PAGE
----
Fortunes Down, Bachmann Looks To Evangelical Vote
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ST. PAUL, Minn. (AP) — Michele Bachmann surged into the Republican presidential race by preaching tea party fiscal conservatism. Now, as she struggles to remain relevant, the Minnesota congresswoman is trying to rally the evangelical voters who have powered most of her political career.
“Don’t settle,” has become Bachmann’s pitch as she tells Christian conservatives they shouldn’t accept a Republican nominee who isn’t fully dedicated to their priorities.
It’s likely to be her message when she speaks Friday night to activists gathered at the Values Voters Summit in Washington, a who’s who of social conservatives who lead the constituencies Bachmann needs to court. She won’t have the stage alone; the other Republican presidential candidates conservatives favor are scheduled to speak earlier in the day.
Bachmann reached the high point of her campaign seven weeks ago when she won a test vote of Iowa Republicans. But as Texas Gov. Rick Perry entered the race, Bachmann dropped in polls, replaced her top campaign staff and struggled to raise money. And even as Republicans have grown wary of Perry, polls show that it’s businessman Herman Cain who’s rising from Perry’s slide — not Bachmann.
So, as she looks for a political lifeline, Bachmann has retooled her message to focus intensely on energizing conservative Christian voters, who traditionally have a heavy influence in the early voting states of Iowa and South Carolina. Bachmann’s campaign still views tea party support as integral to her success, and she still talks about fiscal issues, but she’s also returned to speaking in more overtly religious terms.
“It was really pretty intimate and quite personal,” said the Rev. George Grant, the chancellor at New College Franklin, a Christian college in Franklin, Tenn., after hearing Bachmann speak to about 200 evangelical pastors and faith leaders gathered near Nashville.
Grant said he arrived at the speech uncommitted to a candidate but left much likelier to support Bachmann. “She was speaking to a lot of like-minded folks and she was using their language,” he said.
On Thursday, Bachmann’s congressional office announced she would sponsor a bill in Congress that seemed aimed directly at evangelical voters. The “Heartbeat Informed Consent Act” would require doctors who perform abortions to show the mother an ultrasound image of the baby’s heartbeat before performing the procedure.
Bachmann’s campaign is looking for “pastor chairmen” in all 99 Iowa counties, each charged with building support not just among churchgoers but with other ministers and church lay leaders. Similar organizing is under way in South Carolina and Florida.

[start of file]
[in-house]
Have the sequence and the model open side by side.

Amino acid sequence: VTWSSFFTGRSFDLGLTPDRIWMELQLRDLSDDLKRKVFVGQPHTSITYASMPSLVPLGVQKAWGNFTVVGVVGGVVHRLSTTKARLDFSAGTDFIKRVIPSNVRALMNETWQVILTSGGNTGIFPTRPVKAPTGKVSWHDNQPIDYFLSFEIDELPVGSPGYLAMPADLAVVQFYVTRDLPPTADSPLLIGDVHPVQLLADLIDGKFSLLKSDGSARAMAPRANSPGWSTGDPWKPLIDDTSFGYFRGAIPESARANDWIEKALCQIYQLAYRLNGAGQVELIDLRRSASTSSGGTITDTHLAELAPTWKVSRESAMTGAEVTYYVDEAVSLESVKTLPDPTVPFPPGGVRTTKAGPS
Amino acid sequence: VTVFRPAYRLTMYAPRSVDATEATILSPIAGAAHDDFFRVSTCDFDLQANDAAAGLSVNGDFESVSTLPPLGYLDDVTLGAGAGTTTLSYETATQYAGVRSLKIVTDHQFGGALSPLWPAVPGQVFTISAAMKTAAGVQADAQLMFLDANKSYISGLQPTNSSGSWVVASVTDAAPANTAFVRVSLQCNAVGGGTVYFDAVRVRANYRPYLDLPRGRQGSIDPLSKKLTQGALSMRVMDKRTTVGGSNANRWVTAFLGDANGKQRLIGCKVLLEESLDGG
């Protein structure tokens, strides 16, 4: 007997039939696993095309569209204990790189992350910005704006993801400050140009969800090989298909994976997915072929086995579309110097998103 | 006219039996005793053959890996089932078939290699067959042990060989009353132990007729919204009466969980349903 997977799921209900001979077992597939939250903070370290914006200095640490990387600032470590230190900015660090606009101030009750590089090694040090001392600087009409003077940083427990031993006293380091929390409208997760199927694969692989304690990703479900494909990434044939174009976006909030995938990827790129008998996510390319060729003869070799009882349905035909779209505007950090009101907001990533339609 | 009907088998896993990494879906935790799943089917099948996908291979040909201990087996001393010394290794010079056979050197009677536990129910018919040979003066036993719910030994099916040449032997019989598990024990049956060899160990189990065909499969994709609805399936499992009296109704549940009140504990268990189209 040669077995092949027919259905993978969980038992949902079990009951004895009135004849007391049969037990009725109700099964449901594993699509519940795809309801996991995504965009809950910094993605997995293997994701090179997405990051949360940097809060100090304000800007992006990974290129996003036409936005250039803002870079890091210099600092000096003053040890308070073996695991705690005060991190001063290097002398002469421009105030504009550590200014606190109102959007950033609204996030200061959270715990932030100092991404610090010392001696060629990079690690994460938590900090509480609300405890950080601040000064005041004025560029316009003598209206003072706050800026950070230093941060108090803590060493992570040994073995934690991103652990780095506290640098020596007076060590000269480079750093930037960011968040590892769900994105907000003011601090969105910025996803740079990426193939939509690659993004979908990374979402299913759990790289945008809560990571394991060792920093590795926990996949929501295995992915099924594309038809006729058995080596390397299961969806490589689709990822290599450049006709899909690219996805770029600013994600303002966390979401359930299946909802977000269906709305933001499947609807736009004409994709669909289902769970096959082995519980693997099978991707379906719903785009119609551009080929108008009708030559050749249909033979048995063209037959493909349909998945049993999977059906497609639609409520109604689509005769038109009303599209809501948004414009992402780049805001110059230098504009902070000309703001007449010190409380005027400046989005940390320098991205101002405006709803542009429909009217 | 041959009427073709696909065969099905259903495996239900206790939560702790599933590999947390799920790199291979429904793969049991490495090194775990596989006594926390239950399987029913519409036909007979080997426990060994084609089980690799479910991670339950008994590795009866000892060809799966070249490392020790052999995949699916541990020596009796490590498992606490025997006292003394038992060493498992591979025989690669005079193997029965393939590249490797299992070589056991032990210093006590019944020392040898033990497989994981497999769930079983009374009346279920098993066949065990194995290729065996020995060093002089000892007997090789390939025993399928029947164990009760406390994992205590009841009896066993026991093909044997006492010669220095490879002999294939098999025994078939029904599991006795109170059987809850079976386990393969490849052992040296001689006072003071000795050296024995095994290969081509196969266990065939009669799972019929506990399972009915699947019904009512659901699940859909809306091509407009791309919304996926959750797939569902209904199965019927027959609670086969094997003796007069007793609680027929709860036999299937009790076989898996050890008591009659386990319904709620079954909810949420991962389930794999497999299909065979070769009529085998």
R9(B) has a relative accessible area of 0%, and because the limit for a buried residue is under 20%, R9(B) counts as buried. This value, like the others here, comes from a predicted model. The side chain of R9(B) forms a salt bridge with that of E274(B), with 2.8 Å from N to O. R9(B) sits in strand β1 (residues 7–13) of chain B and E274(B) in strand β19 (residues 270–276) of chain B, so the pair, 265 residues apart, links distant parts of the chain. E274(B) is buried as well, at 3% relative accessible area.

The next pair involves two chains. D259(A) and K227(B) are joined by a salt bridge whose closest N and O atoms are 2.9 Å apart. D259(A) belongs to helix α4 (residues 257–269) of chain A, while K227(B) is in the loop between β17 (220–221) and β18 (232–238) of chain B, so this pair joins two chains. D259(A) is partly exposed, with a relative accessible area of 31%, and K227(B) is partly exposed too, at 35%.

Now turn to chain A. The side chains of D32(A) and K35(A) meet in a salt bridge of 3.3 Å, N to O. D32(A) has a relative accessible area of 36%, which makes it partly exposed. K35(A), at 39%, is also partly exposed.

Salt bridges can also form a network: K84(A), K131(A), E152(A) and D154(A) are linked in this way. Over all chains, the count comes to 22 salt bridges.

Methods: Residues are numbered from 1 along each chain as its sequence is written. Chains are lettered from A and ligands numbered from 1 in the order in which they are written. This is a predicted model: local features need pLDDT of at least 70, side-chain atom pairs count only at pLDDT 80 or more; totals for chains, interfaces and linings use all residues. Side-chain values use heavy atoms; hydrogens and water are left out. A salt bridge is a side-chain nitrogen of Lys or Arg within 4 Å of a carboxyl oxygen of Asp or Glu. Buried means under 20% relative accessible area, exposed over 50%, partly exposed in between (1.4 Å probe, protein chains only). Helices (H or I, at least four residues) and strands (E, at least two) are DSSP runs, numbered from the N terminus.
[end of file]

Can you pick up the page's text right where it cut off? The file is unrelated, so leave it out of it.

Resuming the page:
“I think we’re building toward having a more comprehensive evangelical outreach in Iowa than anyone’s ever had before, with the possible exception of when Pat Robertson ran,” said Bob Heckman, a Bachmann consultant and GOP presidential campaign veteran.
Heckman said fiscal conservatives remain important to Bachmann’s campaign, which is also looking for 99 tea-party chairmen in Iowa. Still, there is no question that Bachmann is particularly well-suited to refocus her efforts on reaching Christian conservatives: She distinguished herself in Minnesota as a politician who didn’t merely align herself with the religious right, but rather rose from the heart of the movement.
“Don’t settle when it comes to your relationship with Jesus Christ,” Bachmann recently told an audience at Liberty University, the Virginia Christian college founded by televangelist Jerry Falwell. “He is the lord of the universe, the master, the creator, the alpha and the omega, the beginning and the end.”
Bachmann repeated that theme– “don’t settle” — and urged evangelicals not to choose a nominee who has strayed from their principles. It’s a shift from Bachmann’s earlier emphasis on spending restraint and the federal government’s overreach.
It’s also the message at the core of Bachmann’s political history. As a law student at Oral Roberts University in the 1980s she was taught that Christian morality is the basis of U.S. law. Bachmann proceeded from that point as an activist and politician — as a protester outside abortion clinics; as a school board candidate who blasted state education standards for downplaying the religious convictions of America’s founding fathers; and as a state senator who helped organize and lead a “pastor’s summit” at a suburban megachurch to build support for a constitutional ban of gay marriage.
By the time Bachmann first ran for Congress in 2006, she was comfortable enough with congregations to take to the pulpit at a suburban megachurch near Minneapolis and proclaim herself a “fool for Christ,” while winning the endorsement of its pastor.
Bachmann’s strategy isn’t without risk — previous candidates boosted by Iowa’s evangelical voters have failed to capitalize on that success once the campaign left the state. Former Arkansas Gov. Mike Huckabee, an ordained Baptist minister, won the Iowa caucuses in 2008 but could never draw even with eventual GOP nominee John McCain. Pat Robertson — a spiritual father of today’s Christian conservatives — finished an unexpectedly strong second in 1988 but failed to match that success elsewhere.
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